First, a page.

Over the last few weeks and months here on HTWB we have shared a number of articles and tutorials on how to make the best of video for business and other organisations (or business documentary video) as it exists today, both technically and practically. (NB I do not include video advertising commercials here – different ballgame.)
Having been a corporate video producer, writer and director for more years than I care to admit to, I have watched the way business documentary video has evolved with a great deal of interest.
The good news is that it has become affordable to thousands of businesses and other organisations who couldn’t have dreamt of using it 20 years ago when its production cost many times what it does now.
The bad news is that because documentary business video is so cheap and easy to produce, it’s often offered by people who understand how the kit works but have never had to learn how to tell a story in motion pictures, and learn why professionalism in production and post-production is so important.
Ready? Here’s what grownup business video really works well for
Demonstration. If a product or process moves, video it. If it doesn’t, show still images because they look better.
Familiarisation. If you want to show people around a location, video is brilliant. Watch that any voice complements the images – doesn’t tell people what they can already see.
Personal contact. If you can come across naturally and convincingly in-vision on video, it’s worth pure gold.
Testimonials and vox pops. Video is a very useful way to capture your customers’ views on the products and service you provide, preferably in their own environments where they can show your products/services in action and how they contribute favourably.
Tracking a process. Many people learn better and more easily by watching how to do it. NB: many bloggers now show videos of processes and accompany those with written transcripts, so people who learn better from reading words benefit equally. That’s a very good idea.
Telling a story. But only if the director and editor know what they’re doing: this article is 5 years old but still gives excellent advice on this topic.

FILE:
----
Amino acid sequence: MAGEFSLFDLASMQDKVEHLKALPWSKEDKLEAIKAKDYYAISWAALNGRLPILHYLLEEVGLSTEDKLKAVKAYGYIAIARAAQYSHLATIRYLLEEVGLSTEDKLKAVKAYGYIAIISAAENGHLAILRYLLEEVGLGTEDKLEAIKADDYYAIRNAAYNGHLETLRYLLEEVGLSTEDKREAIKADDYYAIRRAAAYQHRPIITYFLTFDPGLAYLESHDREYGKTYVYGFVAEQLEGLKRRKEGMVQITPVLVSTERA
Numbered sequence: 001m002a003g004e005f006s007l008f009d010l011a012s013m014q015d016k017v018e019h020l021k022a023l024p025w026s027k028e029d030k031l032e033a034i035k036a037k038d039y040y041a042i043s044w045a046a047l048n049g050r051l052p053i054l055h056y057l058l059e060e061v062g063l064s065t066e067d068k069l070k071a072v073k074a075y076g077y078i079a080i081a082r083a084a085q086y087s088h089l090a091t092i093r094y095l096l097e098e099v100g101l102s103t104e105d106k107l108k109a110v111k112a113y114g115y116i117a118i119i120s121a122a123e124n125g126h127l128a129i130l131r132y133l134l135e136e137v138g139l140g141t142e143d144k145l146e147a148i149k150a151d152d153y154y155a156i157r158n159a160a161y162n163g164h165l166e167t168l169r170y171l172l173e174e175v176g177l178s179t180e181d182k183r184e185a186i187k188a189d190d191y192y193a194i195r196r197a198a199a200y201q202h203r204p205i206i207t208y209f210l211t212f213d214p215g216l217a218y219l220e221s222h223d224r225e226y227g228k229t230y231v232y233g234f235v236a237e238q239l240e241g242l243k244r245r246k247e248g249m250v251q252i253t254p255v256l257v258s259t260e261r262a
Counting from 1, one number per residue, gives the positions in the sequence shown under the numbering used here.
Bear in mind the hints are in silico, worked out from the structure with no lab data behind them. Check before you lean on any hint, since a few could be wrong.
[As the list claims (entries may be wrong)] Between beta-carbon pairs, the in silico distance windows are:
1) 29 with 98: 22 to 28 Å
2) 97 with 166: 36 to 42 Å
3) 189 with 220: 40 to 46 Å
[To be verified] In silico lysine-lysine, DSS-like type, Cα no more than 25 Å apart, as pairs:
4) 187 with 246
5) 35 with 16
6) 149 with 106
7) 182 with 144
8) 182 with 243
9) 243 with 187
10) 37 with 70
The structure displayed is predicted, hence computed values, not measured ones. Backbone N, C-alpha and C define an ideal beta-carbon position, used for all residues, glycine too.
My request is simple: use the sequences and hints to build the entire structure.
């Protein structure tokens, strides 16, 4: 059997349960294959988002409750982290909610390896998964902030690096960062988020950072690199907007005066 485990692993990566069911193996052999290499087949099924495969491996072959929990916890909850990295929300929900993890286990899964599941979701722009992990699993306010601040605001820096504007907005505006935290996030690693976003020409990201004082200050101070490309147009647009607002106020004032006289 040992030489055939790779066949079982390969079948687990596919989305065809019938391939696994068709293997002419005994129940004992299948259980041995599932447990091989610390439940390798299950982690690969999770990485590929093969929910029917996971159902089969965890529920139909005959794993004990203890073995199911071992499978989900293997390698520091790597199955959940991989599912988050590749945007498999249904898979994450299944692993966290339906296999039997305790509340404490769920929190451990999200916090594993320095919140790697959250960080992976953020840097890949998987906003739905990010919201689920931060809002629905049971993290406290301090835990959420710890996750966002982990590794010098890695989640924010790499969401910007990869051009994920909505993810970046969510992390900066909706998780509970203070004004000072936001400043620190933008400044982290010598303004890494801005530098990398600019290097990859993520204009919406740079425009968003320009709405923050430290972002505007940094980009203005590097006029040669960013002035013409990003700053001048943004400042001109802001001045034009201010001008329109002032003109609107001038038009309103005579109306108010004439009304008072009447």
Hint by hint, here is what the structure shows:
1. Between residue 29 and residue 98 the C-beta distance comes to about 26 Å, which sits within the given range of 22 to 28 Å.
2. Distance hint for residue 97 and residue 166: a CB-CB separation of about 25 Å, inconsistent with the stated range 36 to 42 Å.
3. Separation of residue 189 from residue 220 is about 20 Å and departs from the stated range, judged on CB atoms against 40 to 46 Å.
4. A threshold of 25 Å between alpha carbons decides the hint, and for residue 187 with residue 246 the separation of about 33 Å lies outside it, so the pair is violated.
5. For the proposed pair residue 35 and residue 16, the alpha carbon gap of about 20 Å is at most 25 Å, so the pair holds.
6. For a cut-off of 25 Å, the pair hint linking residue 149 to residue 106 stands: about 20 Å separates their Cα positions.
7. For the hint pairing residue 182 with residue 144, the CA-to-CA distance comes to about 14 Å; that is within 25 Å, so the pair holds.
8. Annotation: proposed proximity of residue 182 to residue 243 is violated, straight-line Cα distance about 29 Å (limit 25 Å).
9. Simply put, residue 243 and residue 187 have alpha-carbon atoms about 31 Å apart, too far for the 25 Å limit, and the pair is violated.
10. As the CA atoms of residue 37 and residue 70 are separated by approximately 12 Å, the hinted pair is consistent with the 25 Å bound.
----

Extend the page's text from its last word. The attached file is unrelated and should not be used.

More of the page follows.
Introducing a company. But only if whoever presents it can do it naturally without looking and sounding like a ventriloquist’s puppet.
Creating a historical review. Good editing techniques are needed, but video is a great way to blend archived footage, stills and modern day images.
Genuinely unrehearsed conversation and discussion. Brilliant, as long as it’s professionally chaired and facilitated, or carried out at least by someone who knows what they’re doing.
And here’s what today’s video does NOT work for. Yes, really.
Pompous “corporate” narrative. No-one believes that junk when you write it in your blogs and/or webtext, so why should they believe it if you speak it on a video?
Fake, phony interviews. Oh, please. Do you honestly believe your customers will believe your badly edited supposed “answers” to questions posed by an obvious stooge interviewer? Grow up.
Fancy speeded-up still images made to look like moving pictures. Sorry, but these look crappy and largely irrelevant. They may cost cheapo via some off-the-shelf offer; that’s why they’re cheapo.
Silly cartoons meant to represent your business. Need we say more? Come on …
Training. Yes, I do mean it. The”training videos” of the past had to be excellent if they were to be taken seriously (anyone old enough to remember Video Arts?) and because that usually involved dramatisation, it cost a lot of money which isn’t around any more. Dramatised training video made on the cheap is more cringe-making than the sound of fingernails scraping down a blackboard. Stick to multiple choice online stuff, or best of all, live training…
So-called “professional” videos made by people who aren’t professional video makers. There are thousands of these around – mainly well-meaning amateurs who got the bug for videography when it became easy for nitwits to use. Beware of these types because they think they are professionals and are more or less, at operating the kit, but most know f*** all about making motion pictures. A huge discrepancy.
Video companies who want you to sign up for so many videos per year. These people are interested in getting regular monthly income into their own coffers. They are not interested in your coffers other than what they can dig out of them. Ask yourself if you really need X number of videos per year? Or is it more cost-effective for you to buy video ad hoc according to your business’s own needs?
Videos featuring an amateur presenter who doesn’t know how to do it. This is usually the head honcho of the company who looks like he still has the coat hanger in his jacket and is sitting on a live cattle prod – because he is terrified. S/he welcomes viewers in a high, squeaky voice that’s about as warm and inviting as an Arctic blizzard. Unless the boss is very, very good, get a professional presenter or use a voice-over.
Further reading on how to write and create better videos for business and other activities
What questions do you have on how to write and create better video for yourself and your business?
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